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Research / Discovery

CSU energy researchers help international science fair winner, high school student with research

August 22, 2011
By Kayla Green

Inspiring, determined, persistent, ahead of her peers - all terms used by Colorado State University faculty and staff to describe Cheyenne Mountain High School teen Sara Volz, a 16-year-old student who was just named a 2011 high school inventor by Popular Science magazine in its September issue.

Ahead of her peersHigh school student Sara Volz experiments with algae biofuels.

Volz, who has been conducting research on alternative fuels since the seventh grade and built her own photobioreactor, has been working alongside college professors and students within the College of Agricultural Sciences and CSU’s Engines and Energy Conversion Laboratory, which was recently recognized by Popular Science as one of the nation’s top 25 academic laboratories.

Volz’s research was recently recognized as one of the top awards in the Energy and Transportation category at the International Science and Engineering Fair in Los Angeles, Calif., an honor that comes with a $3,000 prize. Her research focuses on finding and determining the expression level of a particular gene in algae. Volz found that if she starved algae for nitrogen, the algae would stop growing and make more lipids. Volz would extract and use RNA from algae to look at the level of transcription in the gene, helping her understand how to make more enzymes by turning the gene on and activating it.

“I've always been interested in alternative energy and microbiology. I have become ever more intrigued with algae biofuels because it melds the two fields. It's also a fairly up-and-coming topic, so it's a very exciting area to be working in,” Volz said.

Persistence pays offVolz built her own photobioreactor.

Volz first visited the Engines and Energy Conversion Laboratory and Solix BioSystems Inc. while investigating the idea of using algae for biofuel. Volz later contacted Bryan Willson, professor and director of the lab, in the fall of 2009 when she first began her research with algae biofuels. Then, in the summer and fall of 2010, Volz realized she wanted to work with molecular biology techniques, and Willson put her in contact with CSU’s College of Agricultural Sciences.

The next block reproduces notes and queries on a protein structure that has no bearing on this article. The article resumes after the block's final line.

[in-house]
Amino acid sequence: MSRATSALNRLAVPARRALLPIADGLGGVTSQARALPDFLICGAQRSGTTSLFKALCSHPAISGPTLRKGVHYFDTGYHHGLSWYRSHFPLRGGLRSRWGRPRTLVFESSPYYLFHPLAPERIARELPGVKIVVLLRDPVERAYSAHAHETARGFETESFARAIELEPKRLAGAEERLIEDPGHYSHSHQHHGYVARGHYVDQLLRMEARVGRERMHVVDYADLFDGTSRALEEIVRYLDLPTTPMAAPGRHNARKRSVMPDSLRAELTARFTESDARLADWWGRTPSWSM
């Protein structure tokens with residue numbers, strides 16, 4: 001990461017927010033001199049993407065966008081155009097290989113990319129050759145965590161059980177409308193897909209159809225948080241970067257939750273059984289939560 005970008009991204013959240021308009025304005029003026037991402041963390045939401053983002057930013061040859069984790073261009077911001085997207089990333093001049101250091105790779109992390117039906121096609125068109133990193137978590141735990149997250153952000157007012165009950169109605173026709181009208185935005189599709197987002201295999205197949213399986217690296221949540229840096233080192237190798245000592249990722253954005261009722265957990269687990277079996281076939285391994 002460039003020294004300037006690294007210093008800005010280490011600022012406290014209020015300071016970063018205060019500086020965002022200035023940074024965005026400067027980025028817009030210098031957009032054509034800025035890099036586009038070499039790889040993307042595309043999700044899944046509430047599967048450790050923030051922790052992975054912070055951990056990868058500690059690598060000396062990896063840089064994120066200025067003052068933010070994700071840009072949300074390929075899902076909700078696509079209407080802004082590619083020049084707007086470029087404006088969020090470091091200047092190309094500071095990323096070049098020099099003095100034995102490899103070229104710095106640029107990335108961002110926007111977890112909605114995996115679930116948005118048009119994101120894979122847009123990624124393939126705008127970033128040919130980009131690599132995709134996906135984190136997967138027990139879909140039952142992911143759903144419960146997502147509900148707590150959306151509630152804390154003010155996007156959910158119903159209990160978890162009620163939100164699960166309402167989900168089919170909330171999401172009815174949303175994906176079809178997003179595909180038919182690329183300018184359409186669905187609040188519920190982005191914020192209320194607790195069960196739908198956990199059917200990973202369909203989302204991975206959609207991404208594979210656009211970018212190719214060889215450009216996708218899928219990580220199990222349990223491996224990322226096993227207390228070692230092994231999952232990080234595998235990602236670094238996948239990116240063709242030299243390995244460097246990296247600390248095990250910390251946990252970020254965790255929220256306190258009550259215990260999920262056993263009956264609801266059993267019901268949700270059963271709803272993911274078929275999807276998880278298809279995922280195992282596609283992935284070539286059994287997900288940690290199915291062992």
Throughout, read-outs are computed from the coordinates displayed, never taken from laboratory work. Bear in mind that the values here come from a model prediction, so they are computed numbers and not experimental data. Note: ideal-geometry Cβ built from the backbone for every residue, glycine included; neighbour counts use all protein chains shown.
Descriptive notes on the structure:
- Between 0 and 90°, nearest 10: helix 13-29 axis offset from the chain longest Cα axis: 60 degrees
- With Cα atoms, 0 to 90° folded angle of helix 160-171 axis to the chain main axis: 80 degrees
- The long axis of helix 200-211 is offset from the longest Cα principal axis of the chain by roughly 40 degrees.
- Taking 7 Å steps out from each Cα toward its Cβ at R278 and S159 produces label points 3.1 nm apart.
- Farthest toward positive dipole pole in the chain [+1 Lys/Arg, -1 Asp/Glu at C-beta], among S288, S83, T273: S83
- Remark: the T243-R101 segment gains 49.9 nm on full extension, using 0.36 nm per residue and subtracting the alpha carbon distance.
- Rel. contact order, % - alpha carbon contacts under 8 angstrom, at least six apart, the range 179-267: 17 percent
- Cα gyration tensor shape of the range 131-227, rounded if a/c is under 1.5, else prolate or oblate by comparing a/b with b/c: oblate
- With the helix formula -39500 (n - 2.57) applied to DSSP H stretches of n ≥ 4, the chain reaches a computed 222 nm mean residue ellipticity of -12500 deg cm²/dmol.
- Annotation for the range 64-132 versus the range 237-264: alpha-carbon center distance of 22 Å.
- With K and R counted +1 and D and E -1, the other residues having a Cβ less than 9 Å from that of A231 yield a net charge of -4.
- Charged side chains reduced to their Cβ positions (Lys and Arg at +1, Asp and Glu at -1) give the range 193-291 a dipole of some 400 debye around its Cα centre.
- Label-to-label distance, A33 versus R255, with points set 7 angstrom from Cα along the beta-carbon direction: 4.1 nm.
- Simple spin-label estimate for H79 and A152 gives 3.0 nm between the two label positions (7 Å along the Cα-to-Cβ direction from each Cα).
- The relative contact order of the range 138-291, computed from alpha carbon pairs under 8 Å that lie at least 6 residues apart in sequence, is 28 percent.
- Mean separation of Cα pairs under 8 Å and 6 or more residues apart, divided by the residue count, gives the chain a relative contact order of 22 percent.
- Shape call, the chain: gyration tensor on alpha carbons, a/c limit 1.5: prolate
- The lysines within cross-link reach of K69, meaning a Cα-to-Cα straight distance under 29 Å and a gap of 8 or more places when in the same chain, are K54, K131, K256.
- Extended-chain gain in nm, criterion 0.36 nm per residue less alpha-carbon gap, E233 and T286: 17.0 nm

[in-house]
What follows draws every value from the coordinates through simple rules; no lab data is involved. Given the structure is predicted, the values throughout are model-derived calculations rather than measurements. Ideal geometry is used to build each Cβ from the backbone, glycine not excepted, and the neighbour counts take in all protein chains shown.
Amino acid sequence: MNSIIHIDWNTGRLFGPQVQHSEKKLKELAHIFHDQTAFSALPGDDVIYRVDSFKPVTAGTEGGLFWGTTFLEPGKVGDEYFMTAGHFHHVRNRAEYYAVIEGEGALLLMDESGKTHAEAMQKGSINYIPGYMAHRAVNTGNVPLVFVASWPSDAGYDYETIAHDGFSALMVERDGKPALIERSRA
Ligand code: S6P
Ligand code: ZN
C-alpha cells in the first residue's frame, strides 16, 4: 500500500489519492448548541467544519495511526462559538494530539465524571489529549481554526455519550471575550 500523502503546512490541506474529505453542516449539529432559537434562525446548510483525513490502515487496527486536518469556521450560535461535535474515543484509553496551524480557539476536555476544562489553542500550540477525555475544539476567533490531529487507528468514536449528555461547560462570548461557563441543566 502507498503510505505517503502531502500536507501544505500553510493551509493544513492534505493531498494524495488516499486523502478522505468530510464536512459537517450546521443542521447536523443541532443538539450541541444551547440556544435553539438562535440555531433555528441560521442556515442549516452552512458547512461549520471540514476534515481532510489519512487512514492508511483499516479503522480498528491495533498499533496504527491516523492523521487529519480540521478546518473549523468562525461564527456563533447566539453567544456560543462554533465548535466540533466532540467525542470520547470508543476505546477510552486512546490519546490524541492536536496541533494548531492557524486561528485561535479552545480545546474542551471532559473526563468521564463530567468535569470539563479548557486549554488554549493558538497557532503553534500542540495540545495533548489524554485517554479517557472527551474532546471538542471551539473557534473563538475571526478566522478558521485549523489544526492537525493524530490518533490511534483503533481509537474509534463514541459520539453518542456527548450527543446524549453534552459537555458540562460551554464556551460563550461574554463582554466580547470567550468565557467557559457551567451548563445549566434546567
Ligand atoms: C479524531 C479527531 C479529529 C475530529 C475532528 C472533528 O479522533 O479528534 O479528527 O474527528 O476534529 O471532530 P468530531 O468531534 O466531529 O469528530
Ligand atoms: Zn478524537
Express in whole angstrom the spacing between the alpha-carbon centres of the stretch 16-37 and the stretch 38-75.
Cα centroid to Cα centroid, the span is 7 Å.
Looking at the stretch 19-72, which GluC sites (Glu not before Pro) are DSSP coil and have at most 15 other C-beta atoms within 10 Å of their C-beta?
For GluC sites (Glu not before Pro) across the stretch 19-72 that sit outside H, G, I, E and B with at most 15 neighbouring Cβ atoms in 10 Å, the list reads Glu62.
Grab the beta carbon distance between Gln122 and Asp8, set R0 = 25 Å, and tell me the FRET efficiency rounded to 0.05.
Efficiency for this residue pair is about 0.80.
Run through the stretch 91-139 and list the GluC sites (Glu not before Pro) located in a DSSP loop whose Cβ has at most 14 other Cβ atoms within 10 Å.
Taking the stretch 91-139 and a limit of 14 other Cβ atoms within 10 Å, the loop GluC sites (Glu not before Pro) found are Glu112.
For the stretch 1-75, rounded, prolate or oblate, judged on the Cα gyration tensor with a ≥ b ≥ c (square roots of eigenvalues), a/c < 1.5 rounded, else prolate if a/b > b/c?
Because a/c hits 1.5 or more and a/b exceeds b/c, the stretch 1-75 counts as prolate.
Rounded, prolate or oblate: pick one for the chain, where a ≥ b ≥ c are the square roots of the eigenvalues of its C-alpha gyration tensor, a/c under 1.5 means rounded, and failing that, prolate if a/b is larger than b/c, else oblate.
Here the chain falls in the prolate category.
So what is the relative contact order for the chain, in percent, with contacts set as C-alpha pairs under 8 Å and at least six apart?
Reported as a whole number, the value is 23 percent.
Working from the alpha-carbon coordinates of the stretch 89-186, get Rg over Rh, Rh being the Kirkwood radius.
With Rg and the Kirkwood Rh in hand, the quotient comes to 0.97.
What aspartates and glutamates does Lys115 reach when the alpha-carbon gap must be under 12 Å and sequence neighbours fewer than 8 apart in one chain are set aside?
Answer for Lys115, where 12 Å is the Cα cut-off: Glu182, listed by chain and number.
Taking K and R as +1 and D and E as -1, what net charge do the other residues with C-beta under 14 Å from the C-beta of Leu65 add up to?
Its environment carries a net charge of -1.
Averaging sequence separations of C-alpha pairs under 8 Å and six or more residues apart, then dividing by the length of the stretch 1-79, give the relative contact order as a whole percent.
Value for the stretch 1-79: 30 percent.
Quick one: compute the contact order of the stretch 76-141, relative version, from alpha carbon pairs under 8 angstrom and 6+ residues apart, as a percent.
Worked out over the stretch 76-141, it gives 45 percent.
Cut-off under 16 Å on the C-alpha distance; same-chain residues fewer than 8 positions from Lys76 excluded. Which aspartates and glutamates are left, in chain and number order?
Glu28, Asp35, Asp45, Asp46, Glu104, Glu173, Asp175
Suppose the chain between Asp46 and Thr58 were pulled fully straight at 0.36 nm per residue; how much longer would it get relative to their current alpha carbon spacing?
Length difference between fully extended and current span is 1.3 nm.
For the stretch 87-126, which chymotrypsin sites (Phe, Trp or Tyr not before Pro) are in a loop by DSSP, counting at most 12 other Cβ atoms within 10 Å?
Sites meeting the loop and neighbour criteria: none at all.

“We have 150 faculty members working broadly in energy and within dozens of departments. One of our goals for CSU’s Clean Energy Supercluster is to connect the outside world to CSU resources related to energy - and in this case, the program was able to link up Sara with Stephen Chisholm,” Willson said.

Stephen Chisholm, assistant professor of weed science, said Volz and her mother came out to visit CSU and, after discussing her abstract and her desire to isolate RNA from algae, it became clear that her involvement in the project stemmed from her passion, intelligence and initiative to learn more about molecular biology.

“Sara is really unique in that she just goes out and learns a lot about things she’s interested in,” Chisholm said. “She seems to be somewhere around 10 years ahead of her peers.”

In addition to her studies and research, Volz also participates in theatre and on the Speech and Debate team, among many other activities. Volz will be a junior at her high school this year and plans to continue her research within alternative fuels.

“I am really impressed with Sara. It’s very rare that you come across someone with her degree of talent. I would be thrilled to have a grad student come into CSU with her motivation and capability,” Chisholm said.

About EECL

The Engines and Energy Conversion Laboratory, part of the Colorado State University College of Engineering mechanical engineering department, is world renowned for developing sustainable solutions to some of the world’s largest environmental problems. Graduates and undergraduates work directly on projects that improve the efficiency of large engines, create and test renewable energy applications on the electric grid and bring cleaner burning products – such as efficient, cleaner two-stroke engines and cookstoves – to the developing world.